Vehicle pursuit, marriage equality, and giving students a say on recess

It’s Day 38. As a key deadline nears, conversations heat up in the 2023 session of the Washington Legislature

NO CAPTION NECESSARY: Logo for the Cornfield Report by Jerry Cornfield. 20200112

2023 Washington Legislature, Day 38 of 105

Everett Herald political reporter Jerry Cornfield: jcornfield@heraldnet.com | @dospueblos

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OLYMPIA, Feb. 15, 2023 —

It’s Wednesday. It’s sunny and chilly on the grounds of the state Capitol.

Inside legislative buildings, the mood is heating up as the deadline to get policy bills out of committee is two days away.

Lots of heated conversations on a bill dealing with vehicle pursuits by law enforcement. It’s penciled in for possible action in a House committee Friday morning. Amendments aimed at getting out of committee should appear online today. Look for an update in the next edition.

Switching gears, a crowd of political influencers filled the state reception room to commemorate a milestone in Washington history.

It came 11 years ago this month when then governor Chris Gregoire signed the law providing gay and lesbian couples the legal right to marry. But at the moment she affixed her signature to the bill, it wasn’t clear if any weddings might ever occur. Opponents got a referendum on the November ballot aimed at repealing.

It failed. Washington became the seventh state allowing same-sex couples to wed, and, if I recall correctly, the first in which voters also backed a marriage equality law.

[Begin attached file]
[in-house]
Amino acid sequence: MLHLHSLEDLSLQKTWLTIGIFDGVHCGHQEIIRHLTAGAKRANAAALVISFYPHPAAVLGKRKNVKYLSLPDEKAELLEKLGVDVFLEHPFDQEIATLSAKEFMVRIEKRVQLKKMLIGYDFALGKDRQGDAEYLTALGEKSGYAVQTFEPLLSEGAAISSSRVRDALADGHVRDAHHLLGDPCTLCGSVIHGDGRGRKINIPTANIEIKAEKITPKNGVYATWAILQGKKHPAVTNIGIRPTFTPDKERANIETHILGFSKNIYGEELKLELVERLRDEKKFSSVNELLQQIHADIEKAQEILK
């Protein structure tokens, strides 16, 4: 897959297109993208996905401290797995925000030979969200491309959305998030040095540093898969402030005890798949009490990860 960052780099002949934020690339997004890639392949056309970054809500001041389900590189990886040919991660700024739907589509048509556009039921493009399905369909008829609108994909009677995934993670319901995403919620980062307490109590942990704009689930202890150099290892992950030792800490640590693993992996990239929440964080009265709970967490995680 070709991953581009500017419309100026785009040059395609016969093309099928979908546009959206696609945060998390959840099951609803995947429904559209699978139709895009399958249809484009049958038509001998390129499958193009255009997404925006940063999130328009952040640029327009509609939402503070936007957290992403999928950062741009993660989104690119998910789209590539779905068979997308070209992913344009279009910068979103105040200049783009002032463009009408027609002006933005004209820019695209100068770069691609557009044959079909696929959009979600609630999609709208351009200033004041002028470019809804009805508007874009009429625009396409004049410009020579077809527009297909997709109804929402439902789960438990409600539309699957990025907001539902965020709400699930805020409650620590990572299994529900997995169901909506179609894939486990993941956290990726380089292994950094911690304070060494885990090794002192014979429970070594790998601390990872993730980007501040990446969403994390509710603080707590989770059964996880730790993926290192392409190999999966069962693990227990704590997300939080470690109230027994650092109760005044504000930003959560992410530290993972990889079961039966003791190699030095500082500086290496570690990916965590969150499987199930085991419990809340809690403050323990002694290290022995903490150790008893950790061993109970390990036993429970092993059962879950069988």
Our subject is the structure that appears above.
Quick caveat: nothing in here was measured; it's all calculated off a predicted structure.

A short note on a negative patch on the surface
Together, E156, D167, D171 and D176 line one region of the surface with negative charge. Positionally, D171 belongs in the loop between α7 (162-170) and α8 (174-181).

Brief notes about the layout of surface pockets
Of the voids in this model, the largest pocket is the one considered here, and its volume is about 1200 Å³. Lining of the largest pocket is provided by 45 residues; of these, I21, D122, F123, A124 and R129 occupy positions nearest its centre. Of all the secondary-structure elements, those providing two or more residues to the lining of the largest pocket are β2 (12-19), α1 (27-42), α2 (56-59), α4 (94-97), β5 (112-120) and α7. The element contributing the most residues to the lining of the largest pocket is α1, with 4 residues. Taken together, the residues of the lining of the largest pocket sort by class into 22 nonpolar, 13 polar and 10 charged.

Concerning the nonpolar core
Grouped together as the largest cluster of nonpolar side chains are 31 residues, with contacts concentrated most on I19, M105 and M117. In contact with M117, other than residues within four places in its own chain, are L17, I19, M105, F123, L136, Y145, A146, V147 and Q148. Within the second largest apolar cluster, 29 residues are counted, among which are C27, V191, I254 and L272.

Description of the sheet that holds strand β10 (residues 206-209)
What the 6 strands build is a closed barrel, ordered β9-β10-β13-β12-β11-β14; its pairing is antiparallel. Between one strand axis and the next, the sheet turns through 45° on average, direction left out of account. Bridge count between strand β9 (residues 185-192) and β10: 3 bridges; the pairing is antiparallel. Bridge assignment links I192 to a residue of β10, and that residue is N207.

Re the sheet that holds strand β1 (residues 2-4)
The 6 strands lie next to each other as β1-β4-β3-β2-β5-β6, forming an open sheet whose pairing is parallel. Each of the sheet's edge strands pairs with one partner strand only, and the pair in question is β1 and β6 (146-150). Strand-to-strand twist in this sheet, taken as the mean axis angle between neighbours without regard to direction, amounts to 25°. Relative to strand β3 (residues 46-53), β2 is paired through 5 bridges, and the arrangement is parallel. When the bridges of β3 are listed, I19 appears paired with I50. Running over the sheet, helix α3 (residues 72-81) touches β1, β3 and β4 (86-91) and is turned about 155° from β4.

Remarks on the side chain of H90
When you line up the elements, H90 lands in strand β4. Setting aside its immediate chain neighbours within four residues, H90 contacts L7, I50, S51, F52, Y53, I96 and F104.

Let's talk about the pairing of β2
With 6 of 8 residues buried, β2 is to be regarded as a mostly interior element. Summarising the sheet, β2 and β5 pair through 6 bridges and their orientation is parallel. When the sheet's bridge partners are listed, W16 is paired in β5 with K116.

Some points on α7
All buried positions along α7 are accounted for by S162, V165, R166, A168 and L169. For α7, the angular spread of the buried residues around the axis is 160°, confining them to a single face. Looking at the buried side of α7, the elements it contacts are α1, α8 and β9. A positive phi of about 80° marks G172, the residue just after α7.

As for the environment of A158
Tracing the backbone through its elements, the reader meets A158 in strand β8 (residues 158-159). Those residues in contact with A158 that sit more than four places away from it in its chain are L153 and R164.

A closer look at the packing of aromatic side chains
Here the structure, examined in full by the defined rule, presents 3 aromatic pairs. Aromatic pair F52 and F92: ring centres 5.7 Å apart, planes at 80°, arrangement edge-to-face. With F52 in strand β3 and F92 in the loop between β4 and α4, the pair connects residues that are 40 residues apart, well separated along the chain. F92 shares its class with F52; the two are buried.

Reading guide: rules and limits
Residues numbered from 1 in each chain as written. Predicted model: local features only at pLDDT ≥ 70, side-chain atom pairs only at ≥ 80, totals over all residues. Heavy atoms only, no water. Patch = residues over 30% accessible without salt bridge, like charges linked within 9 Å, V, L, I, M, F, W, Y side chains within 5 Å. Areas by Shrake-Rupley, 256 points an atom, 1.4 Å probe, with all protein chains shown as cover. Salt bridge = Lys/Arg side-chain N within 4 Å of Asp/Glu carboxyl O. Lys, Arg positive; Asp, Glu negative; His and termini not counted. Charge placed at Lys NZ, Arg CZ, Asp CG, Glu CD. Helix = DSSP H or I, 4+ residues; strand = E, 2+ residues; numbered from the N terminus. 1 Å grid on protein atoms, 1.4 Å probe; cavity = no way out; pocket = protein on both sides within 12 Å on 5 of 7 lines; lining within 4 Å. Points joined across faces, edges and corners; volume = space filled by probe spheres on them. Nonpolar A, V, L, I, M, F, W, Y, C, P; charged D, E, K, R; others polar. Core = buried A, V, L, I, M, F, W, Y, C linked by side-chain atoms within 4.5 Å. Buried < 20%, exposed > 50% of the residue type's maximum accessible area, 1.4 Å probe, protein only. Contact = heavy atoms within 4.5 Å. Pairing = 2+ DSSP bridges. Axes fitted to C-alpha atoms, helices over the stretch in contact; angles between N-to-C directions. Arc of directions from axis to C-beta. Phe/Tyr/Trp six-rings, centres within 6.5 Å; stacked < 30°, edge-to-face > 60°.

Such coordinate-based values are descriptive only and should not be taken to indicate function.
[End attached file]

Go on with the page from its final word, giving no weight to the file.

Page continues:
“It was momentous. It was historic,” Gregoire said at the event. “More importantly it would change lives.”

Sticker shock

Own a home? Brace yourself for a leap in assessed value. And higher property tax bills too.

It’s certainly the case in Snohomish County where assessed values rose an average of 32.5% and the “average” price of a residence is now $715,000. In Mill Creek, where Sen. John Lovick and Rep. April Berg reside, values rose 39% and the average price rose to a notch under a million dollars. (Are they now millionaires, on paper?)

Why point this out? Lawmakers, including Berg, are pushing property tax relief ideas this session though most wouldn’t impact 2023 bills if they became law.

There’s also bipartisan efforts to boost the supply of housing in all shapes, sizes, types and locations. And ensure a sizable portion of whatever is built is affordable now, and for years to come. This data reveals the magnitude of such a challenge in Snohomish County. Got to be as challenging elsewhere which should add a degree of urgency for action among lawmakers.

Giving kids a vote

Monday is President’s Day. Lawmakers will bring children and grandchildren onto the floors of the House and Senate.

And this year they’re going to get to vote on a bill in each chamber, Democratic leaders said Tuesday.

In the House, it’s going to be from this list. I find the one requiring a recreational fishing license to fish for carp interesting. I caught, and released, plenty of carp as a kid without the state of California’s permission.

Putting my money on ones honoring famous animals and signature land masses.

In the other chamber, Senate Majority Leader Andy Billig, of Spokane, has made no secret his kids like the bill guaranteeing a minimum 30 minutes of recess in each school day. Certain they will get to voice their support for that.

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